“Ma’am, do you know why I pulled you over?”
It’s the question drivers worry will soon be followed by a traffic citation. But Shelby Rab’s driver had a unique reason for speeding that gained her leniency.
“She told the officer, ‘We’ve got to get to Houston to get her a new heart!’ He looked in, saw my LVAD, told her to slow down and let us keep going,” Rab said.
It was September 2018 and Rab was on her way from Nacogdoches to Houston to undergo a heart transplant. At just 20 years old, Rab had been on a mechanical heart pump, called an LVAD, for several months while she awaited a new heart.
Almost a year earlier, in November 2017, Rab had been flown by Memorial Hermann Life Flight® to Memorial Hermann-Texas Medical Center in Houston for treatment of congestive heart failure. Physicians say it’s still unclear what caused the condition.
“By the time Shelby made it to us, she was in cardiogenic shock and her heart could not pump enough blood to meet her body’s needs,” said Sriram Nathan, MD, a cardiovascular disease specialist affiliated with Memorial Hermann-TMC. “We put her on a temporary support device before ultimately deciding she would need a more permanent solution.”
Living on Borrowed Time
Rab had a left ventricular assist device, or LVAD, implanted. The battery powered device helps pump blood from the left ventricle of the heart to the rest of the body. Physicians worked with Rab to strengthen her heart and help her regain weight to become eligible for heart transplant. Prospective heart transplant recipients undergo a thorough evaluation before they are placed on the official wait list. Among the factors evaluated are the ability to recover from transplant surgery and the availability of a support system to enable the proper follow-up care required after transplant.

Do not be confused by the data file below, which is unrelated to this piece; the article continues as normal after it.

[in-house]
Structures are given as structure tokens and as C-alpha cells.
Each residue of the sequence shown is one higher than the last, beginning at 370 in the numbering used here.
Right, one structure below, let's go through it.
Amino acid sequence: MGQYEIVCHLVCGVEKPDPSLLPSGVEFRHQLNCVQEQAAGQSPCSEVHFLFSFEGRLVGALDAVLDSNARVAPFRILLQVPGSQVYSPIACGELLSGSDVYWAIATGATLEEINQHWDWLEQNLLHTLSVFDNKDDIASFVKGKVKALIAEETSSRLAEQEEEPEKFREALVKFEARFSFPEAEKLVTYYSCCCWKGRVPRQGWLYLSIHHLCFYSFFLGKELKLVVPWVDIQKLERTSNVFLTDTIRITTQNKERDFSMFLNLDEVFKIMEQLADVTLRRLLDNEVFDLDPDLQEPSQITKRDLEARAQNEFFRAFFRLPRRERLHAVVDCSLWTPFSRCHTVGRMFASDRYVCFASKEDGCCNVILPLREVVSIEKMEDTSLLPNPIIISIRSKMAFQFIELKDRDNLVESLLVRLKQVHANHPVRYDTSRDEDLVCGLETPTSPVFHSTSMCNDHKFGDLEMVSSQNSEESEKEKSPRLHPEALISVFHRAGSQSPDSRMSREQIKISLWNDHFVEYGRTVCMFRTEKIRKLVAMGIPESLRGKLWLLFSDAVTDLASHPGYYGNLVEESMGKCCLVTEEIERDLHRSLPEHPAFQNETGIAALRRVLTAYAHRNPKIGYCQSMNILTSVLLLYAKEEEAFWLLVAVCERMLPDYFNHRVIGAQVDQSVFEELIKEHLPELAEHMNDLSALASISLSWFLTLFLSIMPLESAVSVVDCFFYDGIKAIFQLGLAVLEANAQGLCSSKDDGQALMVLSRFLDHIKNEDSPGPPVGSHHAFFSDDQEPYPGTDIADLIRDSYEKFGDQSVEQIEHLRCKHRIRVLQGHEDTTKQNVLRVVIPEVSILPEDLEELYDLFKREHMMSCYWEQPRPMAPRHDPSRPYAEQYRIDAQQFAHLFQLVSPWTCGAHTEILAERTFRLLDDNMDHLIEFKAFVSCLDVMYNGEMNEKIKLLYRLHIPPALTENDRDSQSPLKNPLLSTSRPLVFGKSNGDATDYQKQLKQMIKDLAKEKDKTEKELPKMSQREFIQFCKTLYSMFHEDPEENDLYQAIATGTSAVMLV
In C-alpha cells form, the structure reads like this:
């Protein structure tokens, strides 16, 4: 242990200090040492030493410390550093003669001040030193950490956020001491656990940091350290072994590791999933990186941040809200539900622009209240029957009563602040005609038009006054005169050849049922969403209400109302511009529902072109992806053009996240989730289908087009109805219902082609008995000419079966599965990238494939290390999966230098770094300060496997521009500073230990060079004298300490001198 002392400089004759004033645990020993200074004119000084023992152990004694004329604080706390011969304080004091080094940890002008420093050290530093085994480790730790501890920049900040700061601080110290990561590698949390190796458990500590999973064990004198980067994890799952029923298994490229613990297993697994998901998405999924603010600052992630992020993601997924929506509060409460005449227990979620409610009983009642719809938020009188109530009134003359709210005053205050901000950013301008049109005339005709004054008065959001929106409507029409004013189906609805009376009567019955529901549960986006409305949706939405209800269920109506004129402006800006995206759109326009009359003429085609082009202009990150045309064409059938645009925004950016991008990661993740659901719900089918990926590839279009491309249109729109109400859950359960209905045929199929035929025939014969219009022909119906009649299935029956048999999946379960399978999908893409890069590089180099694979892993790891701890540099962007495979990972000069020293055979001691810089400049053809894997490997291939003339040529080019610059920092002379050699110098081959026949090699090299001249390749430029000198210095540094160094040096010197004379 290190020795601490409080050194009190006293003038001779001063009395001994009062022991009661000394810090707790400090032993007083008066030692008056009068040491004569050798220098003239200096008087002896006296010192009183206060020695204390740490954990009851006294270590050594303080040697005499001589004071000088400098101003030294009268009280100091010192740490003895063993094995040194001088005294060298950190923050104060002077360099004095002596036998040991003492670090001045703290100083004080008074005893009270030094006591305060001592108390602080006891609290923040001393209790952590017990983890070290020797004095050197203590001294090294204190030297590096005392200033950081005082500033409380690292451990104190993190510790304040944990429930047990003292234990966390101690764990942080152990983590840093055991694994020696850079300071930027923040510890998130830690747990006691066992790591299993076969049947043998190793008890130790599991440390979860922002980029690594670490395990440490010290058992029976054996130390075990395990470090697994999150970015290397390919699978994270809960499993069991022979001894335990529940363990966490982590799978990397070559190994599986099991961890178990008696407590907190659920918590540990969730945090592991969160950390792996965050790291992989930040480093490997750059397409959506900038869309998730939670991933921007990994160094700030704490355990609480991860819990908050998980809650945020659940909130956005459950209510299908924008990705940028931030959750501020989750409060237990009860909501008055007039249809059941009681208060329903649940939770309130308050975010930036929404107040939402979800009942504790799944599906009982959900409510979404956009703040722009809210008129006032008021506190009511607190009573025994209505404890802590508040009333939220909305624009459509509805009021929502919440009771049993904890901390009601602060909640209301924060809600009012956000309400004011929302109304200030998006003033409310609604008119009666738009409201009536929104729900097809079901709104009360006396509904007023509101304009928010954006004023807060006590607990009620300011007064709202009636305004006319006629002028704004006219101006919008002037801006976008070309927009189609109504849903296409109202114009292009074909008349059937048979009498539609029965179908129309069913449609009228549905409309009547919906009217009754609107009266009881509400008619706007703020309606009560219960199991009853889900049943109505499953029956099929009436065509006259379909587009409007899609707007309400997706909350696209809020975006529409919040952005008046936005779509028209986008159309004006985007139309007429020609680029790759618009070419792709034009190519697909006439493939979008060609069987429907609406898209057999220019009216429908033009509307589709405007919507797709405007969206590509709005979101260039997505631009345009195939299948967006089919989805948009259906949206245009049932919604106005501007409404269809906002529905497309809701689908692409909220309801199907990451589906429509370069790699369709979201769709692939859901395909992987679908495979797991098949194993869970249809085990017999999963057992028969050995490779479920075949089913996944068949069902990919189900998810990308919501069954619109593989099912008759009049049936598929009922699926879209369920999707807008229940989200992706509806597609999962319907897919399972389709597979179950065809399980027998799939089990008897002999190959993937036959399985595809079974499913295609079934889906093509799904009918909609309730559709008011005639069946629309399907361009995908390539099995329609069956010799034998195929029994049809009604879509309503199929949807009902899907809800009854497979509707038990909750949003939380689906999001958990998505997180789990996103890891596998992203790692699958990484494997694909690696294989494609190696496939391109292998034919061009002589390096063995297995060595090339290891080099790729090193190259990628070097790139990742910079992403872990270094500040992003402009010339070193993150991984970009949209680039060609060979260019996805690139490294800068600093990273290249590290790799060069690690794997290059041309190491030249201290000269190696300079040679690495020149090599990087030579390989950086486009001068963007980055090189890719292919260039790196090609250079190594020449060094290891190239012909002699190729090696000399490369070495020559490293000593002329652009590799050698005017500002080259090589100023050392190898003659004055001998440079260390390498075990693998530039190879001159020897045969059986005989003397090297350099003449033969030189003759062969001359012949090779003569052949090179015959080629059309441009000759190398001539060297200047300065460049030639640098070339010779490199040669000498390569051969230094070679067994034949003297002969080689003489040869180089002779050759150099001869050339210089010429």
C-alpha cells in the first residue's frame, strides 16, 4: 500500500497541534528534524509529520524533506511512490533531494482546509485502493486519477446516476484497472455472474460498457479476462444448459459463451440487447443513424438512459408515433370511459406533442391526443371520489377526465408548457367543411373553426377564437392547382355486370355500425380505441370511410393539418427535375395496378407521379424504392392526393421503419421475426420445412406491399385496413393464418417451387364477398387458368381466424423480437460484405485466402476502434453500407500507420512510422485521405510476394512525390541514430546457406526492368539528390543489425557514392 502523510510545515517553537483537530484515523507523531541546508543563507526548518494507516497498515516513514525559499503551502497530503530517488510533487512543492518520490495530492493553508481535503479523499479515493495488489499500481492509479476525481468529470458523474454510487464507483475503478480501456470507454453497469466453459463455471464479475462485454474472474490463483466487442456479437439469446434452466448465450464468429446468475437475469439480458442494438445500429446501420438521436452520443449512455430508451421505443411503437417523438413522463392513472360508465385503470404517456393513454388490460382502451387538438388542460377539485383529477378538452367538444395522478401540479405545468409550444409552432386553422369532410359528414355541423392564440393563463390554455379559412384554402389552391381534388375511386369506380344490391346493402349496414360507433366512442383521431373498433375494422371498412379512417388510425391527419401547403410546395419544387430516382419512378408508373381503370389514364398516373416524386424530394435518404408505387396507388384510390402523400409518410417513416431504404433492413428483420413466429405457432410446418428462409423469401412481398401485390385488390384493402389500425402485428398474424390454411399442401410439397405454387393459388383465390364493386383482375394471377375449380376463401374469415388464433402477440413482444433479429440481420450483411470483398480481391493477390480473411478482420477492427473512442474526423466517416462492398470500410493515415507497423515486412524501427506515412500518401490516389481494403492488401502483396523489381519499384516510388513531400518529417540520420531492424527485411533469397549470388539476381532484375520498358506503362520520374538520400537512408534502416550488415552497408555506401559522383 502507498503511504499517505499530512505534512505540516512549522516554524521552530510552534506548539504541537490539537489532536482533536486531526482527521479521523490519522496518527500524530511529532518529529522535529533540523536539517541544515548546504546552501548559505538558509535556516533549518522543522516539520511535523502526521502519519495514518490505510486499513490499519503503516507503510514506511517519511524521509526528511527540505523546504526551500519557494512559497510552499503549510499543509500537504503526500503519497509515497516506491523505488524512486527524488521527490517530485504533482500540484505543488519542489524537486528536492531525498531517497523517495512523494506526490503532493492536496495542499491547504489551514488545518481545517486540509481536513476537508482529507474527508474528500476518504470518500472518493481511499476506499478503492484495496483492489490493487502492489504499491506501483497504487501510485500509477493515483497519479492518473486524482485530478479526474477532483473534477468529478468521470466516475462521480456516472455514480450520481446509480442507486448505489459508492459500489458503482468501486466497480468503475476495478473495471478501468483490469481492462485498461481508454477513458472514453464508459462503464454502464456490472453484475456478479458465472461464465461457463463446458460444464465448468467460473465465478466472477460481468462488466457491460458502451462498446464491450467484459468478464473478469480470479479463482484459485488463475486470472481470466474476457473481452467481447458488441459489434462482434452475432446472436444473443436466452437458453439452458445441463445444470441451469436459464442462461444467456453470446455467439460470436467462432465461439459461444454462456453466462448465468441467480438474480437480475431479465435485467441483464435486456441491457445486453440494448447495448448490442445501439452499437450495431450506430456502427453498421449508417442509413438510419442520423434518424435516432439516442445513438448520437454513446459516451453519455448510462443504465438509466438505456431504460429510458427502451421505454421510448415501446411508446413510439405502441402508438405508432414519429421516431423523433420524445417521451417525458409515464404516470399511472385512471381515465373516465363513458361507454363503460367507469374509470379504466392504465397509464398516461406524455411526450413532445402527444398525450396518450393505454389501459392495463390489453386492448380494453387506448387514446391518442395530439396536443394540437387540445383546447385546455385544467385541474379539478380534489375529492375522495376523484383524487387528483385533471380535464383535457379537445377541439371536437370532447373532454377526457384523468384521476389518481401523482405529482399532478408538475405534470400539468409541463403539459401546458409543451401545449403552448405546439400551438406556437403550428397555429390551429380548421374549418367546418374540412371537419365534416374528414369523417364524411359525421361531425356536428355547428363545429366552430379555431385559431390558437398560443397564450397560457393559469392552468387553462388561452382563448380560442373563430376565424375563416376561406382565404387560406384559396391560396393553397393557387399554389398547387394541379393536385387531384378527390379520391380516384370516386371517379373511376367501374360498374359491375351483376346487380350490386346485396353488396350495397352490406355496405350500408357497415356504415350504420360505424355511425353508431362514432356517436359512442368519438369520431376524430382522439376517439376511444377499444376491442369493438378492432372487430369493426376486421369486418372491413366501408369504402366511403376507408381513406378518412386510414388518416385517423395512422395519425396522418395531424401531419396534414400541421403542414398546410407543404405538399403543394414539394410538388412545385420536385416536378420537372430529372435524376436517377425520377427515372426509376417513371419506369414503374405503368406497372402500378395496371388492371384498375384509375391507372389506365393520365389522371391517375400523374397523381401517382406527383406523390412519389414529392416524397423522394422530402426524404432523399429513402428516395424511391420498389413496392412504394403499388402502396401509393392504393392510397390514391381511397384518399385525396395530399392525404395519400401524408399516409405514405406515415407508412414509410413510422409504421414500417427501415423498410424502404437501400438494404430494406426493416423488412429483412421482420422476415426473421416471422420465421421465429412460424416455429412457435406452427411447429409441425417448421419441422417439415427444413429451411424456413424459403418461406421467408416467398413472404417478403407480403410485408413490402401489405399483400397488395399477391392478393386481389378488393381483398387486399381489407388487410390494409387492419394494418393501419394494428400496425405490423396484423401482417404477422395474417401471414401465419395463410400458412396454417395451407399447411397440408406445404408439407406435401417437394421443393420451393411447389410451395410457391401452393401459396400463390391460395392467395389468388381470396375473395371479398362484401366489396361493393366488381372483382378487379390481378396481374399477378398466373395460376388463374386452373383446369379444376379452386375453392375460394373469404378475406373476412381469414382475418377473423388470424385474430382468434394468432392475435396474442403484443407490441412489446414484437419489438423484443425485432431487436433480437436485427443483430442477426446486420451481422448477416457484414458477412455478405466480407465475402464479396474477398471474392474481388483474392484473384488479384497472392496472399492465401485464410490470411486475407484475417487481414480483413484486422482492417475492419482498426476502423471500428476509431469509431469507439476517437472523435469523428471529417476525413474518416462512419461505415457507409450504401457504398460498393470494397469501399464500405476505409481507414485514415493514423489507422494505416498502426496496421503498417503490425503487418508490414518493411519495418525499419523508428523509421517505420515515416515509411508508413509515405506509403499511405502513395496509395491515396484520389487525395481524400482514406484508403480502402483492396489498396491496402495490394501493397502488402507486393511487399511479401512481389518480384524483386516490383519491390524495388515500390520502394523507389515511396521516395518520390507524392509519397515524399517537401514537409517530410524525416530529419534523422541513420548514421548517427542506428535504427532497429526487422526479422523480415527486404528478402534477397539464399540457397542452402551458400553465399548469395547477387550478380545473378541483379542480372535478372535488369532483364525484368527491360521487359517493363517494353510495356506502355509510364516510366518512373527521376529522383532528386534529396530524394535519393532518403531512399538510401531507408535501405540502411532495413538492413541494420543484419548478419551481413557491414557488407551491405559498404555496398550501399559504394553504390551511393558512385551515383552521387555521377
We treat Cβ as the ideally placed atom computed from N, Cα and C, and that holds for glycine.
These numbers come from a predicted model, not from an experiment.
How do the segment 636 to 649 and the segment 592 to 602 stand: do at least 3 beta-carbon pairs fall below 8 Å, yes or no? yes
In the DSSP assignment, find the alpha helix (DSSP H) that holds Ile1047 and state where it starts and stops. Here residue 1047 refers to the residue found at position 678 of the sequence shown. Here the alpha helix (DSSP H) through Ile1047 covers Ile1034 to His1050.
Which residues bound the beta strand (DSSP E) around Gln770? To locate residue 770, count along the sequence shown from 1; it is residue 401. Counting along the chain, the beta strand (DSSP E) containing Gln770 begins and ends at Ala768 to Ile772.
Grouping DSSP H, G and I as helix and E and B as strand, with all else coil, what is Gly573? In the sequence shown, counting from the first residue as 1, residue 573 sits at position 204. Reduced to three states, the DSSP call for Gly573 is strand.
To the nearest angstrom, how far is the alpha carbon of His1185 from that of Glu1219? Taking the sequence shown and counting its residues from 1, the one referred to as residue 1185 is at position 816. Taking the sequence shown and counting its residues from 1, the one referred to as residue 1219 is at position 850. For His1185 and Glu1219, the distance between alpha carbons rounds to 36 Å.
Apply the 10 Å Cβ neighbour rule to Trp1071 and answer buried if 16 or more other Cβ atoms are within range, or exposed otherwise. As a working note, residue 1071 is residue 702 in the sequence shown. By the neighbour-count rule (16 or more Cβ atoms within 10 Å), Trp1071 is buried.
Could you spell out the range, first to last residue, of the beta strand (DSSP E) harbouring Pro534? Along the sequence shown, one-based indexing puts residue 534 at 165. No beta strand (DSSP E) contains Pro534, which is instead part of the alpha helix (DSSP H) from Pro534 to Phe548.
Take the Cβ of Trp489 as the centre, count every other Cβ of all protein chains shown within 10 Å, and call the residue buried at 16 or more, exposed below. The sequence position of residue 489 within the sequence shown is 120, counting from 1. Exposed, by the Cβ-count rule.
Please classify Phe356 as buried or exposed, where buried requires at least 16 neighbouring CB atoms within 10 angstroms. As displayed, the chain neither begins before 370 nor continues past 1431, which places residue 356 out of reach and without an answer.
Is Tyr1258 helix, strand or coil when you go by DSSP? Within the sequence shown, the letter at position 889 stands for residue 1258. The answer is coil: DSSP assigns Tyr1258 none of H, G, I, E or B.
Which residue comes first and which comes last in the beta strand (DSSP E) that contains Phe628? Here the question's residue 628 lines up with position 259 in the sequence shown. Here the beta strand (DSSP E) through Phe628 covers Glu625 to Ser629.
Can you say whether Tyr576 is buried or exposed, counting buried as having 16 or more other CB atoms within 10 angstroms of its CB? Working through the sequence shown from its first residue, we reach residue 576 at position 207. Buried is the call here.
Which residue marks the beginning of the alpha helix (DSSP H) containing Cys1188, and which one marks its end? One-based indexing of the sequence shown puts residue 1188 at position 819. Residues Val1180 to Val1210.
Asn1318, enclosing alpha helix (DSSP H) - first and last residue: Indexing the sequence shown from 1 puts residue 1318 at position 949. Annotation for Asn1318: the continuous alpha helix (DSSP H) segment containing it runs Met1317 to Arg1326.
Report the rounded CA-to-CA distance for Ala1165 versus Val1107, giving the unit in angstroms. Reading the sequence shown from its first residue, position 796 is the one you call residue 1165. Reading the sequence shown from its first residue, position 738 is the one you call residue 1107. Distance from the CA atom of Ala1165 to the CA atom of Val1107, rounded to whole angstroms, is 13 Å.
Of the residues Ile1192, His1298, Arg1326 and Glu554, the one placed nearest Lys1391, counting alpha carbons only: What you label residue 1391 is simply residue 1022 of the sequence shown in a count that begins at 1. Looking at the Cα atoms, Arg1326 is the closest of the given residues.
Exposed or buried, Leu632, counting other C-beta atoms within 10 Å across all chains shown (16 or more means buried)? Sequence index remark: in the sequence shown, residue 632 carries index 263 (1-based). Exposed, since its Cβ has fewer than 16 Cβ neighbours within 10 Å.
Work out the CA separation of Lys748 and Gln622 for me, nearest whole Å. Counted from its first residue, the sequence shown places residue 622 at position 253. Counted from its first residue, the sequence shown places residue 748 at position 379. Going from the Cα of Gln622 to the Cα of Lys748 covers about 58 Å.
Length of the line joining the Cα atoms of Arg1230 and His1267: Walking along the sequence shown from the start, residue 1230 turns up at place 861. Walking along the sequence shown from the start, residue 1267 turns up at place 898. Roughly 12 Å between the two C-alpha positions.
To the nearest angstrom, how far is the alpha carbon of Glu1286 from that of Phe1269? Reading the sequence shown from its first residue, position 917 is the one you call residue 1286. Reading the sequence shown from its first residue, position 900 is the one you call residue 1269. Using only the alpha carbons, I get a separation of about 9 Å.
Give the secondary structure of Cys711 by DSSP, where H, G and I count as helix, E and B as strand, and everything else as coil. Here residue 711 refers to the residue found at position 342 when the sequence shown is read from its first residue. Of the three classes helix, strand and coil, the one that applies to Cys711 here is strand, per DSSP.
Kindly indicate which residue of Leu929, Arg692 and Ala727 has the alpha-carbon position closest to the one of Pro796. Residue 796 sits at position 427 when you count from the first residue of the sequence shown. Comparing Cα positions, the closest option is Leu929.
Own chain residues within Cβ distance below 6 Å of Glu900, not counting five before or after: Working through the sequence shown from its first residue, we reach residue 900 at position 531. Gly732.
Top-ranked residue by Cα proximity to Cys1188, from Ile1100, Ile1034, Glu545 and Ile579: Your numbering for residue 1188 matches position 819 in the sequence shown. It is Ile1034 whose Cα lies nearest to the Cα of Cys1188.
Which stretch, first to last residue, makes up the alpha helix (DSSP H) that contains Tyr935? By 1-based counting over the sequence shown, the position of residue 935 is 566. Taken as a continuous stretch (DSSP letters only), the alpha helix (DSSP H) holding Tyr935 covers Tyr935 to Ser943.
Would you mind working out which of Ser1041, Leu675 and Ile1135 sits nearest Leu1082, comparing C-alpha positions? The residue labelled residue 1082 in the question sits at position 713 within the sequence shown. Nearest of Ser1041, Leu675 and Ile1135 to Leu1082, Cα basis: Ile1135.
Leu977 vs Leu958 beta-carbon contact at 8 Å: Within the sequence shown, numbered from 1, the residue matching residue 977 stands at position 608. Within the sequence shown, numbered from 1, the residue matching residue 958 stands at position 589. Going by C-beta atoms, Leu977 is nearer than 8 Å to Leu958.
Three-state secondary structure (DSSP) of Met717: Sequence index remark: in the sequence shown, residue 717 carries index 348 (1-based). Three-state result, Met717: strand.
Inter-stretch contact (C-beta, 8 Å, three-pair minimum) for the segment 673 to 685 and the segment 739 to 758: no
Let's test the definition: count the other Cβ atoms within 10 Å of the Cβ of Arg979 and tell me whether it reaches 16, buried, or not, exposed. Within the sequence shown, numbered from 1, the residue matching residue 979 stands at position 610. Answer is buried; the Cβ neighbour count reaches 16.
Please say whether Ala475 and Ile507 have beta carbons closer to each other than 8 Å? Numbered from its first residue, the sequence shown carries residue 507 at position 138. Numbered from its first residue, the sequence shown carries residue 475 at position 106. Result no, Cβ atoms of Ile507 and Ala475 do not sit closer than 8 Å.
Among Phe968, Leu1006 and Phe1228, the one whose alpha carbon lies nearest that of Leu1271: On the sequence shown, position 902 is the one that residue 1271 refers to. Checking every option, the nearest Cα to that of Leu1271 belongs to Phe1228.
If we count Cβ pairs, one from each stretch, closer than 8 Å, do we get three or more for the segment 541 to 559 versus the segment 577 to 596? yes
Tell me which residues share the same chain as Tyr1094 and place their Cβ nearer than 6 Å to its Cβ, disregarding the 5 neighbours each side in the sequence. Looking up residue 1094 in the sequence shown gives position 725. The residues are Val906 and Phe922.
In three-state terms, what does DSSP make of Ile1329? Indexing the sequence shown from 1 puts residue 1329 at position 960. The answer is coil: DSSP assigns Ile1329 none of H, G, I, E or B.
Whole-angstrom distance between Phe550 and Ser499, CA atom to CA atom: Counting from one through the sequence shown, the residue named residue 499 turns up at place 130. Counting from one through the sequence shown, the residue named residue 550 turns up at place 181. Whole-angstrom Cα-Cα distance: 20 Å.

“The evaluation process for being placed on the heart transplant list is a serious one,” said Dr. Nathan, who is also an associate professor at McGovern Medical School at The University of Texas Health Science Center at Houston (UTHealth). “Heart transplant recipients have a huge responsibility to the heart donor’s family to take care of the precious gift they’ve received.”
Getting the Call
Rab was approved for a heart transplant and put on a waiting list. In September of 2018, Rab got the important call: transplant coordinators believed they had a heart for her.
“They tell you to always have a bag packed, in case you get the call, but of course I didn’t. So I rushed to pack my bag and had my boyfriend’s mother drive me to Houston,” said Rab.
After both Rab and the donor heart passed additional testing, she was cleared for the transplant.
“I was excited, but at the same time, I was sad for the family of the donor. It’s a very overwhelming situation to be in,” Rab said.
Living Life to the Fullest After Her Transplant
Rab’s new heart is doing well and she is now focused on finishing up her degree at Stephen F. Austin University and living life to the fullest. “I can’t express how grateful I am. There are so many things I want to do, and now I have that opportunity,” said Rab.
“It’s rare to have someone so young in need of a new heart. But when we are able to help patients like Shelby chase their dreams without restriction, it gives you a great sense of pride and joy to be their physician,” Dr. Nathan said.
“It sounds silly, but I’m able to drive and life is good. I’m excited to be able to return to college in-person this summer and graduate in December. I can’t say enough nice things about Dr. Nathan and the others involved in my care. They’ve been so kind, so amazing. He is one of my favorite people in the world,” Rab said.
National Donate Life Month
April is National Donate Life Month, a time to learn more about the importance of organ donation, to honor those who have saved lives through the gift of donation and to encourage everyone to register as an organ donor. To learn more about organ donation, visit www.organdonor.gov
Learn more about Memorial Hermann’s Heart Transplant program.
The Heart Transplant program at the Memorial Hermann Heart and Vascular Institute-Texas Medical Center is supported by physicians affiliated with the Institute’s Center for Advanced Heart Failure (CAHF). The multidisciplinary advanced heart failure team is comprised of affiliated specialists in cardiothoracic surgery, advanced heart failure, mechanical assist devices, video-assisted surgery, high-risk coronary intervention and heart transplantation.